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Kara Swift
Kara Swift
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PUBLICITY: BBC v CAFCASS Legal [2007] EWHC 616 (Fam)

Date:30 MAR 2007

(Family Division; Munby J; 30 March 2007)

Parents who had successfully resisted care proceedings wished to participate in a television documentary about the case. The baby had been diagnosed with fractures to the tibia, which raised concerns about non-accidental injury. The judge had ultimately concluded that the baby had trapped his foot between the bars of the cot and the parents' bed frame, and had fractured his leg in pulling his foot free. The parents had kept a video diary of their experiences (limited to members of the family, involving no covert filming of any of the professionals involved); the BBC sought an order permitting the parents to disclose the video footage to them, with some protection of the identities of the professionals involved. However, the social workers, police officers and many of the doctors and expert witnesses involved sought formal preservation of their anonymity.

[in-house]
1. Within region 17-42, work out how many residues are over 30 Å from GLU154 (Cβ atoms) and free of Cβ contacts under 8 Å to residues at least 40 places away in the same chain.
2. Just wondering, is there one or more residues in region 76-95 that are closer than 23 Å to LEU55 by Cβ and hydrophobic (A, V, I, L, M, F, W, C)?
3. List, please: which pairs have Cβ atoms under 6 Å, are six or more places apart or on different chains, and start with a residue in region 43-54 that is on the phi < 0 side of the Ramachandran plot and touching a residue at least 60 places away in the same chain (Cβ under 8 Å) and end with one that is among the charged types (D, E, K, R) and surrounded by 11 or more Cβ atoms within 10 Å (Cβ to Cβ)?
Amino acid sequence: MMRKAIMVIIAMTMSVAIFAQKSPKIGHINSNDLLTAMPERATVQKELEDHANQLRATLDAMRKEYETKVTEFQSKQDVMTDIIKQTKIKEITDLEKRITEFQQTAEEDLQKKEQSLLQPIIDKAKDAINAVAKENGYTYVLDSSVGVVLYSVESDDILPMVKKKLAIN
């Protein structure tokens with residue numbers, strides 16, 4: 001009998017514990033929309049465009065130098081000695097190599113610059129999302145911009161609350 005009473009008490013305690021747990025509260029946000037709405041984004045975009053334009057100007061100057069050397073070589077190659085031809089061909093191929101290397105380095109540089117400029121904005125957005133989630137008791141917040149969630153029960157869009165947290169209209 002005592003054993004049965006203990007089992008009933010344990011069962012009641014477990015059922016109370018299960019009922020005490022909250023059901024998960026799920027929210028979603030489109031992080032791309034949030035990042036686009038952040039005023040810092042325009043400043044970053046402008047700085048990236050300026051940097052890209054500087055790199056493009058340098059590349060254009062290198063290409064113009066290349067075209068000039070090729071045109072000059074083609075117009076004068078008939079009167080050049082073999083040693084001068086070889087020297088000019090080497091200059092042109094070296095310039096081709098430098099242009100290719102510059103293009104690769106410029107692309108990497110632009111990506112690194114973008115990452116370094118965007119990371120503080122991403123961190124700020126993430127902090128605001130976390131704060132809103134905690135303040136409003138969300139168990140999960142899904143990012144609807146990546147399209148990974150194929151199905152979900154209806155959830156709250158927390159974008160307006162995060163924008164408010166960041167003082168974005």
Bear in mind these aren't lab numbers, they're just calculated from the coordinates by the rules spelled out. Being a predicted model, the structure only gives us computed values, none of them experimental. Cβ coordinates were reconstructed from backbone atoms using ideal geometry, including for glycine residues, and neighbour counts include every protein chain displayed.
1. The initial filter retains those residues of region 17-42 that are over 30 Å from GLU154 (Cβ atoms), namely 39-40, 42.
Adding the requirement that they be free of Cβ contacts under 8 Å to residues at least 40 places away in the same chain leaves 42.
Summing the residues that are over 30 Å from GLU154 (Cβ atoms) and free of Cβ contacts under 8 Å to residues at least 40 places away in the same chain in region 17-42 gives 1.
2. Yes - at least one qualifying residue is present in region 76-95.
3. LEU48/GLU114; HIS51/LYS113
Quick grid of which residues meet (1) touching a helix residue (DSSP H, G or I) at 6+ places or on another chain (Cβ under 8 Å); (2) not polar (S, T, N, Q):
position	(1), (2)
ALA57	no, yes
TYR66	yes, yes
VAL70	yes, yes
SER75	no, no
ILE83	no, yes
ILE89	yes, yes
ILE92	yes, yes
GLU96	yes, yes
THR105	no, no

A proper application of the ultimate balancing test came down overwhelmingly in favour of publication of the care judgment, and strongly favoured the grant of the limited disclosure of the video footage. There were important public interests and important personal interests involved in the issue of anonymity. A problem arose because, absent any injunction, there was nothing to prevent anyone from making a link between an anonymised reference in a judgment to a medical expert and the fact that the expert in question was a named individual, publication of which was not prevented by Administration of Justice Act 1960, s 12. Permitting the release of an anonymised version of a judgment so that it remained anonymised could be achieved only if the court simultaneously exercised both the disclosure jurisdiction, in order to permit the release of the judgment, and the restraint jurisdiction, in order to protect the anonymity of those whose identities ought, for proper reasons, to be protected. When considering whether to release a judgment delivered in chambers, the only principled approach was: (i) to give everyone referred to in the judgment the opportunity to apply for an order protecting their anonymity; (ii) for anyone wishing to make such an application to make it in compliance with s 12 and the President's Practice Direction (Applications for Reporting Restriction Orders) [2005] 2 FLR 120 and Practice Note (Official Solicitor: Deputy Director of Legal Services: CAFCASS: Applications for Reporting Restriction Orders) [2005] 2 FLR 111; (iii) for the court not to release the judgment, even in anonymised form, until after it had adjudicated on any application for anonymity. The orders sought by the BBC and the mother should be made only if a contra mundum injunction were imposed prohibiting identification of any of the professionals involved, until 28 days after written notification by the BBC of either the first broadcast of the programme, such notification to be given no later than 7 days after the broadcast, or a decision not to proceed with the documentary, or until further order.